Bronx hospitals battle hard-to-treat bug, C. auris

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Nearly a decade ago, a new antibiotic-resistant fungal infection was discovered in Japan. Known as Candida auris, it spread quickly in hospitals and other health care facilities, eventually finding its way across the globe with a stop right here in the Bronx.

That has raised the alarm in New York since C. auris can infect blood streams, the central nervous system, even our internal organs. And yes, it can be fatal.

Last month, the state health department identified 167 hospitals, nursing homes, and long-term care facilities that treated patients either infected with or affected by C. auris.

Seven of those hospitals are in the Bronx, including three under the Montefiore banner in Norwood, Morris Park and Wakefield. Also making the list just across the Broadway Bridge was NewYork-Presbyterian’s Allen Hospital, a popular destination for people living on this side of the borough.

Like many infections, C. auris can live on the skin without infecting the person carrying it. That person would be considered “colonized,” and it is possible for the bacteria to naturally leave the skin without causing an infection, according to Dr. Theresa Madaline, the epidemiologist with Montefiore Health Systems.

C. auris is typically antibiotic-resistant, meaning it doesn’t respond to drugs normally deployed to treat bacterial and fungal infections. When it was first discovered in hospitals in the United States, it was incredibly difficult to remove. The New York Times reported last August that the Brooklyn branch of Mount Sinai Hospital was forced to rip out floor and ceiling tiles to remove traces of the fungus after an infected patient died.

That’s different now, Madaline said.

“The mainstay with Candida and others is bleach,” she said. “That kills organisms very effectively.”

The Centers for Disease Control and Prevention recommends laboratories apply a high-concentration bleach on hard surfaces, allowing it to set before being cleaned off. The ability of C. auris to live on those surfaces without such treatment sets it apart from most other germs, said Nancy Leveille, the executive director at the Foundation for Quality Care, a statewide organization focused on training health care professionals.

“A lot of things don’t live on the surface for very long, like on a tabletop or anything,” Leveille said. C. auris does, however, and because of that, the fungus can easily transfer to someone’s hands when they touch the surface, and then quickly spread to other people who come into contact with that initial person.

While mitigating problem areas could be extensive, tearing up floor tiles was probably more “dramatic” than effective, Leveille said. That likely happened as a result of fear of a new infection soon after C. auris arrived in New York.

“We know how to approach the problem, and we tailor our approach based on the organism itself,” Madaline said. “We’re able to use what we know about resistance from other organisms and apply that to Candida auris.”

Most of the people getting sick from C. auris appear to already be in poor health, according to state health officials, and have been patients in hospitals or long-term care facilities, like nursing homes. Those most at risk have had tracheotomies, are on ventilators, or even receiving some sort of IV-based treatment. Those act similarly to open wounds, allowing the fungus to travel into an already-weakened body.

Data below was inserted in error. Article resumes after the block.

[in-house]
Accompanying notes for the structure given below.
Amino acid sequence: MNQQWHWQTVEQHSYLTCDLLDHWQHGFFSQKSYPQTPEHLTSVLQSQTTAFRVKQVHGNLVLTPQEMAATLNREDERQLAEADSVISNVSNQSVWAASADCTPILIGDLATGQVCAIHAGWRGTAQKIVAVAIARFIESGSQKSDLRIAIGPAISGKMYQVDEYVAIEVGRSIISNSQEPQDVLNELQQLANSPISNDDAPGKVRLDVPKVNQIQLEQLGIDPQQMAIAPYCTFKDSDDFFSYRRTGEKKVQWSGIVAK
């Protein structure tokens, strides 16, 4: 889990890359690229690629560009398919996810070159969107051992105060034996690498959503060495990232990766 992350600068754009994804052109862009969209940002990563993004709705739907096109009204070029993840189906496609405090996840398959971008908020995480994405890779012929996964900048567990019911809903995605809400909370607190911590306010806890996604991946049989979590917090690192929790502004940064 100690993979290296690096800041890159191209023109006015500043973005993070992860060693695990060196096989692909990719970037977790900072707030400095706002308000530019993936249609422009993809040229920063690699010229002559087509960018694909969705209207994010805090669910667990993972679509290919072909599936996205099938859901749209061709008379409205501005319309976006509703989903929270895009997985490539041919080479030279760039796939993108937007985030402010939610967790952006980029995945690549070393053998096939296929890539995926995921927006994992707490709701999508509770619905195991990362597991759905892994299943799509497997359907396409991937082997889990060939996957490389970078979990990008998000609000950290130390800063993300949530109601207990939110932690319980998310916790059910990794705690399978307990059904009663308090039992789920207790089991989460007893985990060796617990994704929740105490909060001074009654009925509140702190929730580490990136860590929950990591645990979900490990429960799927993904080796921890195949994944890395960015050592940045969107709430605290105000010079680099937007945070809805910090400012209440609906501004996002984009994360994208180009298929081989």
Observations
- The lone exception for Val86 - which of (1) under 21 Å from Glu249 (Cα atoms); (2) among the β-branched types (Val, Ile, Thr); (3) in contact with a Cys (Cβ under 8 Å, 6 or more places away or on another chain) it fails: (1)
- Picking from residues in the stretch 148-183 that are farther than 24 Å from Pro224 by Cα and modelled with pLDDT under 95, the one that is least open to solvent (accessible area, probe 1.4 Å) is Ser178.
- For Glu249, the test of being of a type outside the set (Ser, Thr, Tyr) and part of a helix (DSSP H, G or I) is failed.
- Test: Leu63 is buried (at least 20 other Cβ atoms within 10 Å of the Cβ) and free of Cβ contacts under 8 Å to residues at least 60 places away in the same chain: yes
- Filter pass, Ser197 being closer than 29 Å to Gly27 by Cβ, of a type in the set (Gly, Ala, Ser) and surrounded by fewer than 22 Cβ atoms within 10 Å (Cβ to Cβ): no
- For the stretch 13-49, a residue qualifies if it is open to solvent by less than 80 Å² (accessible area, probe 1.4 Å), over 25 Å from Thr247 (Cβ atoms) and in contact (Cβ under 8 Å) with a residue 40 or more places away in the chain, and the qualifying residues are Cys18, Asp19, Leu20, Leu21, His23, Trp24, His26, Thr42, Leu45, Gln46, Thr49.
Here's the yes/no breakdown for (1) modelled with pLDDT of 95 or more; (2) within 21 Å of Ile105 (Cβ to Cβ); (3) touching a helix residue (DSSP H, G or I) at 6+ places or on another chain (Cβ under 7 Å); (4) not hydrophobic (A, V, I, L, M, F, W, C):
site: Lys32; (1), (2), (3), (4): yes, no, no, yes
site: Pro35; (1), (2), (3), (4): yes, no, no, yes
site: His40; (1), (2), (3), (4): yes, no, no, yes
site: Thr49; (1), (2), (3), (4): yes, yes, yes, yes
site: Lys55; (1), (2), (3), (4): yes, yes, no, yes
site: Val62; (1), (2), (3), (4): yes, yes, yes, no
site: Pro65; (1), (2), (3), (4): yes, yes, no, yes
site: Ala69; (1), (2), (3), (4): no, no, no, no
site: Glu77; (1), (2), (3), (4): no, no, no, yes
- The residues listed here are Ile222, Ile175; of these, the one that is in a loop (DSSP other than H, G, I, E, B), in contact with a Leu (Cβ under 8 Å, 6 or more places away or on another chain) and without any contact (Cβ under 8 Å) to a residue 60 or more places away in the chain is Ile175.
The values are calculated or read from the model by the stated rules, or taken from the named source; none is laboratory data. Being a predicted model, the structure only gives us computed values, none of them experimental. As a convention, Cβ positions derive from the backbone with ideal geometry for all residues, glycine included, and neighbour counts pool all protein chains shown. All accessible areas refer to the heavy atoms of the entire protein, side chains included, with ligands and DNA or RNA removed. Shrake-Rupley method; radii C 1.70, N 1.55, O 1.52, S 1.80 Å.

Symptoms of an infection, according to medical professionals, typically include chills and fever. However, because C. auris has primarily affected people who already are sick, it’s been difficult for doctors to fully isolate the symptoms.

“Normally, your skin is your best defense against fighting infection,” Leveille said. “If it travels in through a port like (a wound), now you’re getting into your internal system. Which, how do you clean that? You clean that with antibiotics.”

Of course, C. auris is antibiotic-resistant, and hard to treat. According to the CDC, more than half the patients who have been infected with C. auris have died. However, Leveille said, it’s hard to say whether most of those people died from C. auris or from other illnesses they already had.

“Having C. auris wasn’t helpful, but wasn’t actually their cause of death,” Leveille said. “And that was hard for them to determine.”

It’s important for public health officials to let the public know that antibiotics are not always needed, Leveille said, and that and over-treating with antibiotics can contribute to more resistance to such treatments — itself a danger.

Pediatricians were some of the first doctors to realize that overprescribing antibiotics could be harmful, she said, as their patients get sick and are prescribed antibiotics more often than adults.

Location-specific antibiotics, like ear drops, can be a better choice than oral antibiotics that spread through the body  for certain infections, Madaline said. It’s also important for patients to take antibiotics only as prescribed, and not to share or give antibiotics for friends or family.

While reading about C. auris can be frightening, Madaline says the average person has little to worry about. Hospitals and other medical facilities are safe for them, even if C. auris is present. And they shouldn’t put off any necessary treatment out of fear of being exposed to the fungus.

“I understand why it may feel scary to people when they read about these things,” Madaline said.

“In truth, these resistant organisms, it’s not that they necessarily affect everyone equally. In terms of the average person reading the newspaper who might be at home thinking about this, they’re unlikely to be affected.”

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